Given these limitations, what is the utility of ELC relative to the more established CAD risk factors such as diabetes, hypertension, hyperlipidemia, and smoking? Unlike the modifiable risk factors, which can be addressed by medical management, ELC is only a marker for coronary disease. A recent epidemiological study by Greenland and colleagues [26] and review by Weissler in JAMA [27] showed that the predictive value of these traditional risk factors for predicting CAD complications (MI or death) was quite low (LR ranging from 1.07 to 1.39). Though our meta-analysis looked at ELC as a predictor of CAD (rather than complications of CAD), we find that while the LR of ELC for predicting CAD is modest (LR of 2.37, CI of 2.13 – 2.88), it is significantly higher than that of traditional risk factors. Although we find that the presence of ELC is neither especially sensitive nor specific for CAD, when compared to other known risk factors it does appear to be useful. Thus, we propose that ELC may be a useful additional marker for identifying patients with CAD.

Perhaps if Hadrian were alive today, his sculptors would not have been the only ones to take note of his ears.


Drs. Nicholas Mark and Sarah Buckley are former students of NYU School of Medicine

Reviewed by Beno Oppenheimer, MD, Assistant Professor Medicine, Division Pulmonary/Critical Care, Course director Introduction to Bedside Diagnosis, NYU School of Medicine

Image courtesy of Wikimedia Commons (Hadrian, emperor of Rome)


1. Petrakis NL. Diagonal earlobe creases, type A behavior and the death of Emperor Hadrian. West J Med. 1980;132(1):87–91.

2. Frank ST. Aural sign of coronary-artery disease. N Engl J Med. 1973;289(6):327-328.

3. Lichstein E, Chadda KD, Naik D, Gupta PK. Diagonal ear-lobe crease: prevalence and implications as a coronary risk factor. N Engl J Med. 1974;290(11):615-616.

4. Mehta J, Hamby RI. Letter: Diagonal ear-lobe crease as a coronary risk factor. N Engl J Med. 1974. 291(5):260.

5. Christiansen JS, Mathiesen B, Andersen AR, Calberg H. Letter: Diagonal ear-lobe crease in coronary heart disease. N Engl J Med. 1975;293(6):308-309.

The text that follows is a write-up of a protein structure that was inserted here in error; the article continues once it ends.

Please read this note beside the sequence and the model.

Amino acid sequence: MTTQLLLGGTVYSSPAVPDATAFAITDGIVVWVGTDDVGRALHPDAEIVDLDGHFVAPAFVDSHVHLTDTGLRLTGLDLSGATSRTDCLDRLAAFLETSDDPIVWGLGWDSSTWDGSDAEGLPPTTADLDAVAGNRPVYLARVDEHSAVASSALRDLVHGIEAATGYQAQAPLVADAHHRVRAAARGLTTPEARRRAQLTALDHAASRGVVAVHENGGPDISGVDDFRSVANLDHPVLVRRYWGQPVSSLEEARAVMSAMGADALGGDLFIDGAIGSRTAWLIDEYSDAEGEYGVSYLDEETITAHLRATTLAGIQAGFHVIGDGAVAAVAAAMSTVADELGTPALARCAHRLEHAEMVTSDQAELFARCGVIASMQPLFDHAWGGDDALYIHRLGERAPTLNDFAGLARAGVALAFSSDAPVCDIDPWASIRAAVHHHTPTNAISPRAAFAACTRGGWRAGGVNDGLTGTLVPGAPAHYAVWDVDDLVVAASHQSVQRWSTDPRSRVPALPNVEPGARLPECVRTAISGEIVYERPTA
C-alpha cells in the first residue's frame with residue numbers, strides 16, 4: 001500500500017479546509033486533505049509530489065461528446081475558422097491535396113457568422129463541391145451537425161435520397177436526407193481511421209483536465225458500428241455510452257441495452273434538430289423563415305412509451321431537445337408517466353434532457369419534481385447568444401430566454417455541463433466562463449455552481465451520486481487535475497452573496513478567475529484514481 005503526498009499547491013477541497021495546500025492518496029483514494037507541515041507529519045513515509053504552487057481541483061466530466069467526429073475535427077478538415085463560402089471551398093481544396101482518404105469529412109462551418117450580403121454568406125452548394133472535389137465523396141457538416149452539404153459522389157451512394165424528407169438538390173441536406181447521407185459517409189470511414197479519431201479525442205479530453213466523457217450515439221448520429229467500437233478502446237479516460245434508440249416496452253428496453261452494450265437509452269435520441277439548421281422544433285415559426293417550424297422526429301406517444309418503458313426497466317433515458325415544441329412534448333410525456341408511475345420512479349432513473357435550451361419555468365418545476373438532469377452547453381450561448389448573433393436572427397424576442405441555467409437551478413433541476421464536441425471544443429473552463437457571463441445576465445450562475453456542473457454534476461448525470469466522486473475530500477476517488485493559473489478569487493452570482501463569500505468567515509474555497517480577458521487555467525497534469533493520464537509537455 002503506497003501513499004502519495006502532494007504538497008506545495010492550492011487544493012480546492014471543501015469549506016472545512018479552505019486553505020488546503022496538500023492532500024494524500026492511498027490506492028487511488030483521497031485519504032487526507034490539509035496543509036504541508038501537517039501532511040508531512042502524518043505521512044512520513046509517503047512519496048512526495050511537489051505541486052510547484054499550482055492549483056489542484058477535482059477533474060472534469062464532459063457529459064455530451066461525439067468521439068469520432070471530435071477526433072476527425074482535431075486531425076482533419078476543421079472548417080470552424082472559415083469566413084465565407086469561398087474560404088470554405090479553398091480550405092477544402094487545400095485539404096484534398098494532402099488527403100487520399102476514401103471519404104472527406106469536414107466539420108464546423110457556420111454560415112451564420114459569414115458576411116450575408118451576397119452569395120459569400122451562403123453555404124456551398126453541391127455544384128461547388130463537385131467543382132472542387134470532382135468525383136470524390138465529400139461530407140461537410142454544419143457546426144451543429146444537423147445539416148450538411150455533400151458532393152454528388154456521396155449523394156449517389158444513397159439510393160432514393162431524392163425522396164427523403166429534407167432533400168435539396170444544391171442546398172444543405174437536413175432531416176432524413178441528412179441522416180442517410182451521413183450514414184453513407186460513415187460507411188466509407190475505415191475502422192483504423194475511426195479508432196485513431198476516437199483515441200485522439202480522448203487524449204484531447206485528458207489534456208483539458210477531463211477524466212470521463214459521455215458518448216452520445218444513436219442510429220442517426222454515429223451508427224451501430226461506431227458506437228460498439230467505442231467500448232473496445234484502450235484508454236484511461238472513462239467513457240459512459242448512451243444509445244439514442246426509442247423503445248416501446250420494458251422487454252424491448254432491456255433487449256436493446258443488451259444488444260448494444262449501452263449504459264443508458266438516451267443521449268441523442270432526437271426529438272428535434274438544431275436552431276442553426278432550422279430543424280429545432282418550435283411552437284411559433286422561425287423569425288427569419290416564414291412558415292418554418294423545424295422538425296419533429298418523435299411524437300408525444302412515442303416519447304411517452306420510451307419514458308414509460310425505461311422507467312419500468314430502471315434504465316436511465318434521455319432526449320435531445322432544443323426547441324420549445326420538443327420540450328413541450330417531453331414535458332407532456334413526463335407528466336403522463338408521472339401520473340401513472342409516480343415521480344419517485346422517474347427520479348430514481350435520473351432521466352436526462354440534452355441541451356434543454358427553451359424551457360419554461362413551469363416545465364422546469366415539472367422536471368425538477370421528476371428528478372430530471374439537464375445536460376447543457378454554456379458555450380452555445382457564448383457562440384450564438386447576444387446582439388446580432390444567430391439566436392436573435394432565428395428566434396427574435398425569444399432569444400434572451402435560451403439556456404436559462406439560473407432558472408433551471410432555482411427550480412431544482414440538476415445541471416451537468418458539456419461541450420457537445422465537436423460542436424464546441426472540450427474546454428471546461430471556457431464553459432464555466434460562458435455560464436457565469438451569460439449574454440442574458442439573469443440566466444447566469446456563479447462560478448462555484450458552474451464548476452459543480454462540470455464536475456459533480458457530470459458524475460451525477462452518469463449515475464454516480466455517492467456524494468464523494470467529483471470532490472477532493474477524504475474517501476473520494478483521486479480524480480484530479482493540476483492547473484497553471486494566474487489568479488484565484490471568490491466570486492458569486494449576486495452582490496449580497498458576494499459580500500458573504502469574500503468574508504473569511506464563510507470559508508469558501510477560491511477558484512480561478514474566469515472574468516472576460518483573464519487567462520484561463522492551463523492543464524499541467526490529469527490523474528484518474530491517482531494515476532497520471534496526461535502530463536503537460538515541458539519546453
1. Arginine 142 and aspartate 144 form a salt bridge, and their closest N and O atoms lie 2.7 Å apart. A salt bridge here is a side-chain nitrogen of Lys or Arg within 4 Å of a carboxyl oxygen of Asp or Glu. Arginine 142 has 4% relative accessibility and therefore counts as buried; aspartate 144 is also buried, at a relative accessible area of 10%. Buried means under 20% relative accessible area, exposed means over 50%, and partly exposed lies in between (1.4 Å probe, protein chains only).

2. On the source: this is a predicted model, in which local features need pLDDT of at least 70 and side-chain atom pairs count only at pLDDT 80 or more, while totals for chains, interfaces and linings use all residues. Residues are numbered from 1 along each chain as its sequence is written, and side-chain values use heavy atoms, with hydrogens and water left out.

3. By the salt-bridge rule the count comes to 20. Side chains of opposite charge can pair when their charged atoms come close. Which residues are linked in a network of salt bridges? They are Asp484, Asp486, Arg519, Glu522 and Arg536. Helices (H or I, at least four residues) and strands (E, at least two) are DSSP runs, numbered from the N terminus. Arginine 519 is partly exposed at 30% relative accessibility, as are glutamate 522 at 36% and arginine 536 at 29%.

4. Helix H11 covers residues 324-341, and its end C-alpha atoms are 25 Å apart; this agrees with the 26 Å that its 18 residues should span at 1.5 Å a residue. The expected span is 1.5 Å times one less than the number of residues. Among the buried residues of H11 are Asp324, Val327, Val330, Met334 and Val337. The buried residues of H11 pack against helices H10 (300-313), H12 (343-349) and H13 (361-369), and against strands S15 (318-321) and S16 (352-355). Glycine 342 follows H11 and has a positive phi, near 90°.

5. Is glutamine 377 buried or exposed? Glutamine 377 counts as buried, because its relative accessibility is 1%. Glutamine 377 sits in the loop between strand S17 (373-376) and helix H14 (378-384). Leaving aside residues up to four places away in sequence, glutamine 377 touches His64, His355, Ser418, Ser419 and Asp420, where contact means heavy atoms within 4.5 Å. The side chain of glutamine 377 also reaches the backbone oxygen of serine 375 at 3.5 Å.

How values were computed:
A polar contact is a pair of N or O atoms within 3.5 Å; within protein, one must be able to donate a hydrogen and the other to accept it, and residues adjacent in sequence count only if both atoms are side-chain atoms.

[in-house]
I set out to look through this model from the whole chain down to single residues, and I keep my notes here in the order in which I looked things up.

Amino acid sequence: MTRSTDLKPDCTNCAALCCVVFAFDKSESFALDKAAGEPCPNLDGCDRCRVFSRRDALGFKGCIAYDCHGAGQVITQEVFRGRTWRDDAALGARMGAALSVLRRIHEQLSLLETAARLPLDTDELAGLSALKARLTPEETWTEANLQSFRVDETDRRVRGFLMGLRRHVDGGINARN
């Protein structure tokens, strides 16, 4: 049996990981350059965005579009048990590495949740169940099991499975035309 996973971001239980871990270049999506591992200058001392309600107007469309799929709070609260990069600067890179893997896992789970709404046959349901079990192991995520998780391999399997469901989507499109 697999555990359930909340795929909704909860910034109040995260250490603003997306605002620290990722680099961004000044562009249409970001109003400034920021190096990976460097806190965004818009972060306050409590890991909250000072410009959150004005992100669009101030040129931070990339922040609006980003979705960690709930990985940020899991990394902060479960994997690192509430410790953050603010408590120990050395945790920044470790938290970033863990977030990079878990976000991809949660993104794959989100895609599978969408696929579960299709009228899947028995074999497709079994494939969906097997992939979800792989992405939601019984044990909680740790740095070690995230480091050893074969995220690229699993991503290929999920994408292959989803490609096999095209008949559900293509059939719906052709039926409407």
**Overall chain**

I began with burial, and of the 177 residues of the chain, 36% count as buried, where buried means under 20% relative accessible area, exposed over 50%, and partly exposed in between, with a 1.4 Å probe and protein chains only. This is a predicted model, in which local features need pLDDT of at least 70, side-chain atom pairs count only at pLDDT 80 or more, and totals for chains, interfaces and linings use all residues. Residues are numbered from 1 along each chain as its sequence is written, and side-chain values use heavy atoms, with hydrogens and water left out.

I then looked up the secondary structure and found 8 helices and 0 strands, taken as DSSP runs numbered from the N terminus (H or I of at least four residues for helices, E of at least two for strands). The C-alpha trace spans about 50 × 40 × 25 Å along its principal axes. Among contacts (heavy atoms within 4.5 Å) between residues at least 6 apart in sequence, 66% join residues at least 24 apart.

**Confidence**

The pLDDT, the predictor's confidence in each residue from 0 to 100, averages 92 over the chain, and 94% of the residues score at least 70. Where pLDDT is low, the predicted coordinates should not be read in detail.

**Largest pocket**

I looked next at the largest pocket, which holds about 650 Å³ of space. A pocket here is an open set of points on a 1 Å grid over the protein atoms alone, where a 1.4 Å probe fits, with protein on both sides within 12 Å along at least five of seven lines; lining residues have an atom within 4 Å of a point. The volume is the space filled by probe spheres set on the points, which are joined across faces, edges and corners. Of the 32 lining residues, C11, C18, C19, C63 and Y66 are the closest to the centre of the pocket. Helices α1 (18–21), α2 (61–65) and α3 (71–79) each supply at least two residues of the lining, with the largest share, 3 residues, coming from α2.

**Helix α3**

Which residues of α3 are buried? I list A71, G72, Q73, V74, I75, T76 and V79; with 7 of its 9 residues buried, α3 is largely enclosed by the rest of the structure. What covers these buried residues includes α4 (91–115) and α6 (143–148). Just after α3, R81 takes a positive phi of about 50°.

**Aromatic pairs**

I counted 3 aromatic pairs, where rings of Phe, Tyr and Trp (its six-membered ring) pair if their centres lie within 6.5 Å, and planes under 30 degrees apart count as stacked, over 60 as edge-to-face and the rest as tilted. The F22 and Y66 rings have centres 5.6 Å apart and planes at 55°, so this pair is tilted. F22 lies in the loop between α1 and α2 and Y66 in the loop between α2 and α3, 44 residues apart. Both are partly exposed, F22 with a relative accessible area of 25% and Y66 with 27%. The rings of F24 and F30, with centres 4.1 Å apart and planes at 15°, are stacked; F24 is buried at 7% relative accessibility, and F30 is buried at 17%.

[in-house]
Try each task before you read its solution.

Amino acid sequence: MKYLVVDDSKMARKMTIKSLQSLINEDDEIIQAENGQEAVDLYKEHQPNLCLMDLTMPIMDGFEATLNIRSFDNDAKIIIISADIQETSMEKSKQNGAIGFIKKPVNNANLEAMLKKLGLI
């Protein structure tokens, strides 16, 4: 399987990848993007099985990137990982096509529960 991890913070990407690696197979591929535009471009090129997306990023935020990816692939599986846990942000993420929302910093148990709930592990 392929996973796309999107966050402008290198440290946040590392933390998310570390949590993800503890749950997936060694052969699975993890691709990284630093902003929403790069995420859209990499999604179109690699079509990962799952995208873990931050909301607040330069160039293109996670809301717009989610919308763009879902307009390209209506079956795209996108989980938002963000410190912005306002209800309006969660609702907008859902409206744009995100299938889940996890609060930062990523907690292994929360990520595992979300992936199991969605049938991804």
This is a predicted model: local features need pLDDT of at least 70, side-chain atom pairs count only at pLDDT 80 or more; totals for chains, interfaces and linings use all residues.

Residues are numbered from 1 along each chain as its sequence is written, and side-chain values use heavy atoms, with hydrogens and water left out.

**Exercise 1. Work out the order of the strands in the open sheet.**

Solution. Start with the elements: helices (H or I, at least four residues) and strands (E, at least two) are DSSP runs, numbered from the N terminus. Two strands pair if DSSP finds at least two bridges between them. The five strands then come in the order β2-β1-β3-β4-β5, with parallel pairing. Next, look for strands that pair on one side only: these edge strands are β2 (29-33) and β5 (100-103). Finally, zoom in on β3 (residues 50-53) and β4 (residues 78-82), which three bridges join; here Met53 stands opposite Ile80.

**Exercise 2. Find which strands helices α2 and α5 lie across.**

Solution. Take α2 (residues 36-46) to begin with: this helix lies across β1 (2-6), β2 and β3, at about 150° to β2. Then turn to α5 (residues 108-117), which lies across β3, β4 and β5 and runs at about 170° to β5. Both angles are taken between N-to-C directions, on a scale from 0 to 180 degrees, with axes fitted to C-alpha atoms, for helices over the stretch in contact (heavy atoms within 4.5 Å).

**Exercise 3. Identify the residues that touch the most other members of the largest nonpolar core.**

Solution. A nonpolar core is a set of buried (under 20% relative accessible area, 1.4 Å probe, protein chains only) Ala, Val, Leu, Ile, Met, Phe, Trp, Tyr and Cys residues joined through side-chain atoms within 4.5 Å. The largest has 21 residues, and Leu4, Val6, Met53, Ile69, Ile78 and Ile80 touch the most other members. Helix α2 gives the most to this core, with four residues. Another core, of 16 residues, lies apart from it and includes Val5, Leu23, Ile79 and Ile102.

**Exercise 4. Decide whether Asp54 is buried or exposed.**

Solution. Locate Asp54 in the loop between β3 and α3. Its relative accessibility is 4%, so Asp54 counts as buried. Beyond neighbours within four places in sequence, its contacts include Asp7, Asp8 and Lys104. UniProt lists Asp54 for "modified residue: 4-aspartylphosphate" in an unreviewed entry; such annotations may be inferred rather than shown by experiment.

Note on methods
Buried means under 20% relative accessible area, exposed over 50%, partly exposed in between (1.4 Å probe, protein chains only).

6. Sprague DH. Diagonal ear-lobe crease as an indicator of operative risk. Anesthesiology. 1976;45(3):362-364.

7. Doering C, Ruhsenberger C, Phillips DS. Ear lobe creases and heart disease. J Am Geriatr Soc. 1977;25(4):183-185.

8. Rhoads GG, Yano K. Ear-lobe crease and coronary-artery heart disease. Ann Intern Med. 1977;87(2):245.

9. Kaukola S. The diagonal ear-lobe crease, a physical sign associated with coronary heart disease. Acta Med Scand Suppl. 1978;619:1-49.

10. Wermut W, Jaszczenko S, Ruszel A. Ear lobe crease as a risk factor in coronary disease. Wiad Lek. 1980;33(6):435-438.

11. Fisher JR. Sievers ML. Ear-lobe crease in American Indians. Ann Intern Med. 1980;93(3):512.

12. Kaukola S. The diagonal ear-lobe crease, heredity and coronary heart disease. Acta Med Scand Suppl. 1982;668:60-63.

13. Elliott WJ. Ear lobe crease and coronary artery disease. 1,000 patients and review of the literature. Am J Med. 1983;75(6):1024-1032.

14. Wagner RF Jr, Reinfeld HB, Wagner KD, et al. Ear-canal hair and the ear-lobe crease as predictors for coronary-artery disease. N Engl J Med. 1984;311(20):1317-1318.

15. Gu?iu I, el Rifai C, Mallozi M. Relation between diagonal ear lobe crease and ischemic chronic heart disease and the factors of coronary risk. Med Interne. 1986;24(2):111-116.

16. Gibson TC, Ashikaga T. The ear lobe crease sign and coronary artery disease in aortic stenosis. Clin Cardiol. 1986;9(8):388-390.

17. Verma SK, Khamesra R, Bordia A. Ear-lobe crease and ear-canal hair as predictors of coronary artery disease in Indian population. Indian J Chest Dis Allied Sci. 1988;30(3):189-196.

18. Kenny DJ, Gilligan D. Ear lobe crease and coronary artery disease in patients undergoing coronary arteriography. Cardiology. 1989;76(4):293-298.